Recently, OYO Hotels and Homes acquired Delhi-NCR-based Innov8 for Rs 220 crore, and made its entry into the coworking space. Entering this segment marks the Gurugram-based unicorn’s foray into yet another segment of property management and rental space.
With this move, the SoftBank-backed hospitality chain, which currently operates in hotels, homes, and co-living, is now looking at the coworking segment.
Innov8 is now part of OYO’s larger segment - Oyo Workspaces, led by Rohit Kapoor, CEO, New Real Estate Businesses. Being a fully controlled workspaces solutions provider, it is designed to meet the needs of over 80 percent of the working population in the country.
“We are targeting a $36 billion global coworking space market. We intend to achieve similar scale as our hospitality segment with coworking,” says Rohit. He explains that OYO currently brings in its underlying real estate capabilities, and is able to build fast, using tech and talent.
In total, Oyo Workspaces is looking to immediately open its premises to over 21 centres
with over 15,000 seats across 10 cities. The team already claims to have clients like Swiggy, Paytm, Nykaa, OLX, Pepsi, Lenskart, among others.
Looking at different segments
By the end of this year, the OYO team intends to reach over 50 centres. The team is also looking at the multi-brand approach of Innov8, which represents upper segment or premium workspaces. This segment will be headed by Ritesh Malik, Founder and CEO, Innov8. By the end of this year, Innov8 alone aims to have over 24,000 seats, with 30-32 centres.
The company will also be opening several centres under brand names Powerstation and Workflo. While the former is a fully managed workspace for medium and large businesses, Workflo centres will be budget-friendly functional coworking spaces.
The pricing will be location-dependent, but the team is nevertheless looking at providing a full suite of offerings for anywhere between Rs 6,500 and Rs 10,000.
Commenting on why they chose the acquisition route, Ritesh Malik says,
“I have known Ritesh (Agarwal) for a while now, and have always been impressed with the way the company has been able to achieve significant scale and success in such a short span of time. It was love at first sight.”
Speaking of the scale OYO has been able to achieve, he says,
“India is a mammoth country, which no one has been able to crack apart from OYO, which is also the only company that has cracked the China market. So, we realised they are doing something which is so good that no one else has been able to, and we were very fond of the leadership at OYO. In the past few months, we have learnt so much from them. We want to be India’s foremost coworking brand, and eventually scale in the rest of Asia. We realised that this won’t be the story if we don’t have a juggernaut like OYO behind us.”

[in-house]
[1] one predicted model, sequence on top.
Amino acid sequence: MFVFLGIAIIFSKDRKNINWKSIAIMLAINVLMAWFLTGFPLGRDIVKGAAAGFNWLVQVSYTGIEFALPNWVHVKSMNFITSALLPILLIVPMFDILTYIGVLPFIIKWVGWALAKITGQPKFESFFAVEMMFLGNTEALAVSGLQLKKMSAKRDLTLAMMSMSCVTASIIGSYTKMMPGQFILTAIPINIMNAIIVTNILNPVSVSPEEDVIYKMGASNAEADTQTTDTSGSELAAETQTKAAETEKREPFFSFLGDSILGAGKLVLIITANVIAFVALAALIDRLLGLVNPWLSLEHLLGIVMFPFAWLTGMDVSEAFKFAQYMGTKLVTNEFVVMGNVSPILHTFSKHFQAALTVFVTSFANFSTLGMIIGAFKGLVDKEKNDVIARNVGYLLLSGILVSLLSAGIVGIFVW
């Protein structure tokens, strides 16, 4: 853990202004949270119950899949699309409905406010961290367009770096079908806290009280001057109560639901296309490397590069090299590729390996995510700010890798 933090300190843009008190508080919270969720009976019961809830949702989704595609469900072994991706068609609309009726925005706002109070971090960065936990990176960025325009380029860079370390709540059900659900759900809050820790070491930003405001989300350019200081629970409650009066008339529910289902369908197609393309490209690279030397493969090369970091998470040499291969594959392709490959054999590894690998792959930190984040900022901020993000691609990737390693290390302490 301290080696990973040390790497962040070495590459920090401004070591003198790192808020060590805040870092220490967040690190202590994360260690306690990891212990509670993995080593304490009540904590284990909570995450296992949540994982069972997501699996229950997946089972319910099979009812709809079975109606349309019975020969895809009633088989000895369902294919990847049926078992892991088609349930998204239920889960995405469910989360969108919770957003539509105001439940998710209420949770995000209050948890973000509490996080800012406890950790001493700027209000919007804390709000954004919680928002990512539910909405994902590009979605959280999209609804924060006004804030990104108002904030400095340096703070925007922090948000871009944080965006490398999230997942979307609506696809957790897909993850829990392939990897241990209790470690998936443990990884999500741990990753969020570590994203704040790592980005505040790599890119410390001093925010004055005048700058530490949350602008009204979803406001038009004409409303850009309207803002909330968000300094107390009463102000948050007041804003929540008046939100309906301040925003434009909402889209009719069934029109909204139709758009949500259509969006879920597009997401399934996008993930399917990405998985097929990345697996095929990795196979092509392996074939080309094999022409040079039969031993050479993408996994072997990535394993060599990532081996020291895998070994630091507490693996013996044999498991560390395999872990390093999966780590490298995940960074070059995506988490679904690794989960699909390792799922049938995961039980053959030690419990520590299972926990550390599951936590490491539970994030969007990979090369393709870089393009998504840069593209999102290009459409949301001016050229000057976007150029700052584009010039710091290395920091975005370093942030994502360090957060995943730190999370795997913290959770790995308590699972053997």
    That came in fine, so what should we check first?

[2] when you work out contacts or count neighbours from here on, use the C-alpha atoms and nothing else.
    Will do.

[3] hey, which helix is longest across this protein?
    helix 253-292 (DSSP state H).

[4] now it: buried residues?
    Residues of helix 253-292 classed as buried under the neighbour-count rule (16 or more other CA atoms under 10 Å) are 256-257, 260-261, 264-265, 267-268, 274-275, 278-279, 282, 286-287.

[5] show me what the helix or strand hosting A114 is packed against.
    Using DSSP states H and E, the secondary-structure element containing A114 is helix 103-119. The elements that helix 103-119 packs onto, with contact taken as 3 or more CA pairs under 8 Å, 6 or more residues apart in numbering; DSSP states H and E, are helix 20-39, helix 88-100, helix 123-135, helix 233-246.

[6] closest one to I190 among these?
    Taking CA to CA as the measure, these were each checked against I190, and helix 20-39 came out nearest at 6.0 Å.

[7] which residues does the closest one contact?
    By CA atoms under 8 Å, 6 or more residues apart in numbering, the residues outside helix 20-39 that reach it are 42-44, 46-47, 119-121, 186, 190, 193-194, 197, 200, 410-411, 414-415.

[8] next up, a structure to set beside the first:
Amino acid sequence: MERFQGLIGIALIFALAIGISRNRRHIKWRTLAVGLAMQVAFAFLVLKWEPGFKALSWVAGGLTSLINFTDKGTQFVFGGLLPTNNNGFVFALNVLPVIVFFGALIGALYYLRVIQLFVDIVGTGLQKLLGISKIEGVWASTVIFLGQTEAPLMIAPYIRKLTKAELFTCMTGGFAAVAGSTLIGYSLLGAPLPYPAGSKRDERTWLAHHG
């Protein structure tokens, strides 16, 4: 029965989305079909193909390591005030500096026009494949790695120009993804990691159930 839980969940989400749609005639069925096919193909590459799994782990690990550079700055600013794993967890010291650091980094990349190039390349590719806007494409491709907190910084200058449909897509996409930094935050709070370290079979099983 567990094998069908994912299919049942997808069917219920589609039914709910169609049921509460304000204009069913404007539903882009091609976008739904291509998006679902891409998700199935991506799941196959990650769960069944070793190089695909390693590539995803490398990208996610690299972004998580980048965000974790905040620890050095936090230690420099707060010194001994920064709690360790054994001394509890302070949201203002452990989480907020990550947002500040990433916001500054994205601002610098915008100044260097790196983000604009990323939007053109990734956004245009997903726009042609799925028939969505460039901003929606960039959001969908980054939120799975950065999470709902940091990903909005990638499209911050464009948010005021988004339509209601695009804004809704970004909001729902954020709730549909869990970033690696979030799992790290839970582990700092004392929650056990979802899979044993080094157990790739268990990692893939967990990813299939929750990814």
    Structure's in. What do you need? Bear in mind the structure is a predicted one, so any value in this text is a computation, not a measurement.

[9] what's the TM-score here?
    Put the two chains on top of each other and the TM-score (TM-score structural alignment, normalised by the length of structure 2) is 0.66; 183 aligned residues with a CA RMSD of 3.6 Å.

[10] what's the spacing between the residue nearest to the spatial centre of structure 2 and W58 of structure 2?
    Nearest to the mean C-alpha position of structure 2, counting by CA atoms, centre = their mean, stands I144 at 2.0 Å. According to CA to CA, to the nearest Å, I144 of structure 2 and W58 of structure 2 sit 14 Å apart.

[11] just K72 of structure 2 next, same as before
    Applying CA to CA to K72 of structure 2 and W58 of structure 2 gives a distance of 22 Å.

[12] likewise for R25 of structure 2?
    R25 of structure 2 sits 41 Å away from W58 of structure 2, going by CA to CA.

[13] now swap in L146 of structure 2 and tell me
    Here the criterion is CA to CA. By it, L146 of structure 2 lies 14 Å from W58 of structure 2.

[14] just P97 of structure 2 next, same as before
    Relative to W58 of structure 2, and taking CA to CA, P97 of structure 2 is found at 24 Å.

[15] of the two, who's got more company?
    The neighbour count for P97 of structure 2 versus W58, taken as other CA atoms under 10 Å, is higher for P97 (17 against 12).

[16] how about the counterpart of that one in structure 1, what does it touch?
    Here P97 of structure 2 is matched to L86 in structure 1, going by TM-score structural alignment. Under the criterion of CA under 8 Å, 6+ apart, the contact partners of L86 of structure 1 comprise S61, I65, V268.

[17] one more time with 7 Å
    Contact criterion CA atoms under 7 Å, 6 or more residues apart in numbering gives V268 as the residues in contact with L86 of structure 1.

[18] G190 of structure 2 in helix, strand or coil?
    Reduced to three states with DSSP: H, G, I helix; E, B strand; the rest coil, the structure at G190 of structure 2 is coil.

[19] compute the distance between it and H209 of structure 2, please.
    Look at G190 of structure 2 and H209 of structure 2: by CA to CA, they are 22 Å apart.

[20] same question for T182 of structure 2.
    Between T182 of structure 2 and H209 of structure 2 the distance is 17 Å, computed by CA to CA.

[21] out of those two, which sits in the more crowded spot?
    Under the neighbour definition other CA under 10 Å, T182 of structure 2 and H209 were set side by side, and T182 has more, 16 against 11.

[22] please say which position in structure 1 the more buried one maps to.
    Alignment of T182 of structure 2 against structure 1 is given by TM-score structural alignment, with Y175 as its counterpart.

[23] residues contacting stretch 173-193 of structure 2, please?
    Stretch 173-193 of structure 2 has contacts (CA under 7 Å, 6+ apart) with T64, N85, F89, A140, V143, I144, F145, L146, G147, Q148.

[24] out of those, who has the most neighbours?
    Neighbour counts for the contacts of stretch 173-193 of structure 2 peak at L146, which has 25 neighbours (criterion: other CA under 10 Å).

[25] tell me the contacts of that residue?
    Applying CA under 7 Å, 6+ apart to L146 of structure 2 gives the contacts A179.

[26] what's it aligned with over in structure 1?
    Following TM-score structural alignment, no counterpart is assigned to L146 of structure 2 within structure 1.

Now, post the acquisition, the team is looking to take OYO’s expertise in building scale by helping them with better acquisition of leases, better business models, and also by helping to reduce the cost of construction.
A difficult market
Despite the fact that flexible workplaces (coworking and business centres) in India are growing at a rapid pace, Ritesh is not worried, as coworking, while it may have a low barrier to entry, becomes a challenge to scale in the long run.
He claims India has 387 coworking players at present, and only 11-12 of them have more than two centres. “It is very easy to build one, but it’s very difficult to scale because it is an operationally intense business. This is not a business of one or two shop players; this is a business of scale, the business of the community,” he says.
According to real estate advisory firm CBRE, India’s flexible workspace saw a 277-percent jump in leasing to reach nearly three million sqft in the first quarter of the calendar year 2019.
According to a JLL report, in the coming years, coworking spaces will take over conventional office spaces owing to the growing demand. On their part, entrepreneurs - a large number of them being millennials – seek convenience, ease of setting up office, and several amenities, all of which coworking business centres provide.
Some industry experts say that India is at the cusp of a coworking revolution with domestic and global players like WeWork and CoWrks aggressively pushing the India market. Last year, coworking space provider Awfis garnered a whopping $20 million in a single fund raise led by Sequoia Capital.
Bringing in scale
Samantak Das, Chief Economist and Head of Research and REIS, JLL India., says, “While coworking companies took up a modest 0.17 million sqmt in 2017, the first quarter of 2018 itself has exceeded the annual tally of 2017 at 0.19 million sq mt. The expansion plans of major players and the increasing appetite for this format from occupiers, property owners, and coworking operators should see annual transaction numbers triple from current levels over the next three years.”
“There are significant operational costs (for coworking spaces) like managing people, getting the right mentors, ensuring there are enough events and sessions around to help people collaborate. There also needs to be a strong team that manages each of the startups. It is actually more operationally intensive than one would assume,” says a Bengaluru real-estate builder.
According to the global survey, while the number of people opting for coworking space is on the rise, only around 40 percent of all coworking spaces are profitable. Just four years ago, this number was 32 percent. The survey also said that while, typically, most coworking spaces take a year to break even, turning profitable is a longer journey.
In that sense, OYO has scale. Rohit says the reason coworking as a segment works for OYO is because they already have an existing larger base of corporates, and there are synergies between the two.
(Edited by Megha Reddy)